Washington area voters, who gave their local governments an unexpected jolt in last week's primary elections, now are confronted by fall campaigns that invite them to further challenge the region's political establishment.

In the District, Republican Maurice T. Turner Jr. is mounting an aggressive bid to defeat heavily favored Democrat Sharon Pratt Dixon for mayor. In Maryland, traditionally liberal Montgomery County is considering a limit on property taxes, and Rep. Roy P. Dyson is fighting for his career. In Virginia, Rep. Stan Parris is engaged in a rhetorical slugfest with Alexandria Mayor James P. Moran Jr.

Across the region, a crop of vigorous challengers is fanning the flames of dissatisfaction that appeared in election results last week, hoping to build a bonfire of disgust for the status quo. They have argued that some officeholders have committed ethical lapses, that their governments are wasteful or are not working, or that one-party government is ineffective.

For the most part, these contenders are running uphill. In the District and Maryland, where Democrats vastly outnumber Republicans, most GOP candidates start at a huge disadvantage, even in an unsettled political environment.

And several analysts say that while voters have opted for some changes, there is no evidence so far they will demand massive turnover. They say primary results show that voters are dissatisfied but not enraged. But they emphasize that the political atmosphere is volatile.

"There are a lot of {incumbents} sweating it out there," said Brad Coker, president of Mason-Dixon Opinion Research, a firm that has conducted polls across the region. "There are people who are vulnerable, and there will be a couple of incumbents who are going to lose."

Ronald Walters, a political science professor at Howard University, said that a major factor in local races is "this business of being clean. Our economic situation is putting great pressure on the political system. And if people are paying higher taxes, they don't want corrupt people in charge or the money to be wasted."

Within the region, the degree of dissatisfaction differs widely among the electorates. Prince George's incumbents, for instance, fared far better than those in the District and Montgomery.

The key issues also vary. For suburban voters in Maryland and Virginia, growth and transportation are major "quality of life" concerns. In the District, Turner, a former police chief, is focusing his attention on drugs and crime, while Dixon has vowed to fight inefficiency in the city government.

Here are some of the most closely watched races in the area and the forces that are shaping them: The District

Even after being convicted of a misdemeanor drug charge and deciding not to seek reelection, Mayor Marion Barry remains at the center of District politics. He is running for an at-large D.C. Council seat and his troubled administration has shaped the race that will determine his successor.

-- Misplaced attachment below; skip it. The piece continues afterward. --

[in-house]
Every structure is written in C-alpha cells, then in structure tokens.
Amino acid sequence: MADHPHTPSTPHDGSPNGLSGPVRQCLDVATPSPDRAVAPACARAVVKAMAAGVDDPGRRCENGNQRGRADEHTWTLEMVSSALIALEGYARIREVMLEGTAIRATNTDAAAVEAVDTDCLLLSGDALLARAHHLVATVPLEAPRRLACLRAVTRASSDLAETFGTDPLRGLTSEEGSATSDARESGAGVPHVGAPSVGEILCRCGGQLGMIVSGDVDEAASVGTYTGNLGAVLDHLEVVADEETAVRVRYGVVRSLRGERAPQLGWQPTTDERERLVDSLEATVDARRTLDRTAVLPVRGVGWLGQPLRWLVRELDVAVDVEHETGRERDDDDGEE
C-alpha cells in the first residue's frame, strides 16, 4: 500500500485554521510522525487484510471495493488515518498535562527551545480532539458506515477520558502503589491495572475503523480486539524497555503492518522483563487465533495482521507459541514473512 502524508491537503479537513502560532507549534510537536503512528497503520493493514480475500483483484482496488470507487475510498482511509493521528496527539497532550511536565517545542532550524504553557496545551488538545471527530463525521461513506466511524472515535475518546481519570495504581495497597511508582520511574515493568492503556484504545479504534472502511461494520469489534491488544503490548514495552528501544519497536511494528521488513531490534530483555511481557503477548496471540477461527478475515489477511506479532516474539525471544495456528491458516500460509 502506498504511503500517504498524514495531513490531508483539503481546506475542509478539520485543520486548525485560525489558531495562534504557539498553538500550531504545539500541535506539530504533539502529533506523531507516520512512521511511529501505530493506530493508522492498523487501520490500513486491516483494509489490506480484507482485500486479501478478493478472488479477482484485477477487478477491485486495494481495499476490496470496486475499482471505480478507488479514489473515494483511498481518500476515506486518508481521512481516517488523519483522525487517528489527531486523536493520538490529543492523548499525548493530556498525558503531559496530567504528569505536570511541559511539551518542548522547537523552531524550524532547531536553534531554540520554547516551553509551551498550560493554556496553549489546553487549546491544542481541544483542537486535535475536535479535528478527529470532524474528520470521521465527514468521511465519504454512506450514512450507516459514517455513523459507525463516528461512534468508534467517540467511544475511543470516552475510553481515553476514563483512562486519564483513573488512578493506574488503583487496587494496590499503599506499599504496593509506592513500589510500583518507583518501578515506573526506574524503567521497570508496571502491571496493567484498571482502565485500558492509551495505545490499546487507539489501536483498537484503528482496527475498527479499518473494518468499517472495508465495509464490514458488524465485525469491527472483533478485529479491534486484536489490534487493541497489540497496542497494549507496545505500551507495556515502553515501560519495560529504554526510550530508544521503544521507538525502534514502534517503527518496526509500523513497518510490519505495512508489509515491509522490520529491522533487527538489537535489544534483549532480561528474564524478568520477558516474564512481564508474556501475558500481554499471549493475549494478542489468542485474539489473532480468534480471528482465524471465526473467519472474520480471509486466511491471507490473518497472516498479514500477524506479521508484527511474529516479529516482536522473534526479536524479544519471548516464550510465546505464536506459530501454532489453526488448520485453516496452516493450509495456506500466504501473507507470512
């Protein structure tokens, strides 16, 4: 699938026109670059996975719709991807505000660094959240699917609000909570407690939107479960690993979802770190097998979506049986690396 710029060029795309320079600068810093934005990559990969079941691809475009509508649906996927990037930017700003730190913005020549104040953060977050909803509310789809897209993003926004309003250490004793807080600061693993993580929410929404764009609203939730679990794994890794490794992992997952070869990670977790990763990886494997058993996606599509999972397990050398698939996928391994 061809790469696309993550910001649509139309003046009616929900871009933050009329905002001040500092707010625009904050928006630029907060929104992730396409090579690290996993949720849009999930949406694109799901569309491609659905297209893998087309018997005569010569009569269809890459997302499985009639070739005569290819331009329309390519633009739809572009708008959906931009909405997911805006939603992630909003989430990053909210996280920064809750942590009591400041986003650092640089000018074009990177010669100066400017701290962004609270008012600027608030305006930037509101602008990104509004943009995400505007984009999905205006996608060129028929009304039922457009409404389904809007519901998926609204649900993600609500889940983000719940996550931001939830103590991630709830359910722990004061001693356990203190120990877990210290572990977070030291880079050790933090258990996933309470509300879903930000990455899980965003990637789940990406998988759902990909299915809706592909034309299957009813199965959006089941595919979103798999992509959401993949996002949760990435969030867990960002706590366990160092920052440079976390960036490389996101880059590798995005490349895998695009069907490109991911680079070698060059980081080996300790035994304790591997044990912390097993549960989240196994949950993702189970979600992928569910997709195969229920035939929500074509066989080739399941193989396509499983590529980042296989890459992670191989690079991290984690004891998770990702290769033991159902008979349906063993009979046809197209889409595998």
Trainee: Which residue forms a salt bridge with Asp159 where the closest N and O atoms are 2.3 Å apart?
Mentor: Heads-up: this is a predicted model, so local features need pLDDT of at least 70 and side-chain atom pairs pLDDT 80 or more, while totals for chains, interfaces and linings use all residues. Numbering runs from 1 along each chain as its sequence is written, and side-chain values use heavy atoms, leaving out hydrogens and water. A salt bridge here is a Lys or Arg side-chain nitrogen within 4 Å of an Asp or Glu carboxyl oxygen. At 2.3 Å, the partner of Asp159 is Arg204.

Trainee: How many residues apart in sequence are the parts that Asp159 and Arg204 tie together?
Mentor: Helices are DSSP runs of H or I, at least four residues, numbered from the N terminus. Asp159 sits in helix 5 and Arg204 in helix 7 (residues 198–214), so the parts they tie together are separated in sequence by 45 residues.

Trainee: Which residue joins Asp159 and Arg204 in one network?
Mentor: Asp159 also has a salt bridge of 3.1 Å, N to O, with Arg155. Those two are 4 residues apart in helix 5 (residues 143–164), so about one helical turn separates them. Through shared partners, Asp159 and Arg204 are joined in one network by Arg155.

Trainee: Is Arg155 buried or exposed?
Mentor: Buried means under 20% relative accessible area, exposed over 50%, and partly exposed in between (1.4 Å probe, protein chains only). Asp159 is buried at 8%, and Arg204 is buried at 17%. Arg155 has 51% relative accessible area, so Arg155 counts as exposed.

More than in any other locality, analysts say, questions about honesty in government pervade the District's elections. Dixon did more than any other Democrat running for mayor to separate herself from Barry. Turner is stressing his "tough cop" image, and has distanced himself from the administration in which he served. Both are running essentially as outsiders and reformers.

Though Turner starts with a huge statistical disadvantage -- Democrats outnumber Republicans in the District nearly 9 to 1 -- his chances are improved by factionalism within the Democratic Party. Dixon "is not going to have a cakewalk," Walters said. "She has the issues of the moment, calling for a change in government. But he has good long-term issues in crime and drugs."

Barry said only Friday that he will seek an at-large seat even though some advisers have urged him not to. In that race he faces a potential backlash over his drug conviction and corruption within his administration.

But the field is crowded -- it includes Democrat Linda W. Cropp, Statehood Party incumbent Hilda H.M. Mason and independents Ray Browne and Jim Harvey -- and Barry's solid base of support in public opinion polls has rarely dipped below 25 percent. "Barry will get a significant number of votes, but whether he will win is uncertain," Coker said.

In at least one other District race, the campaign for congressional delegate, questions about personal ethics come into play. Eleanor Holmes Norton won the nomination after it was revealed that she and her husband had not filed District income taxes for eight years. Although she, too, is a favorite based on party registration, she must try to restore a damaged image by Election Day.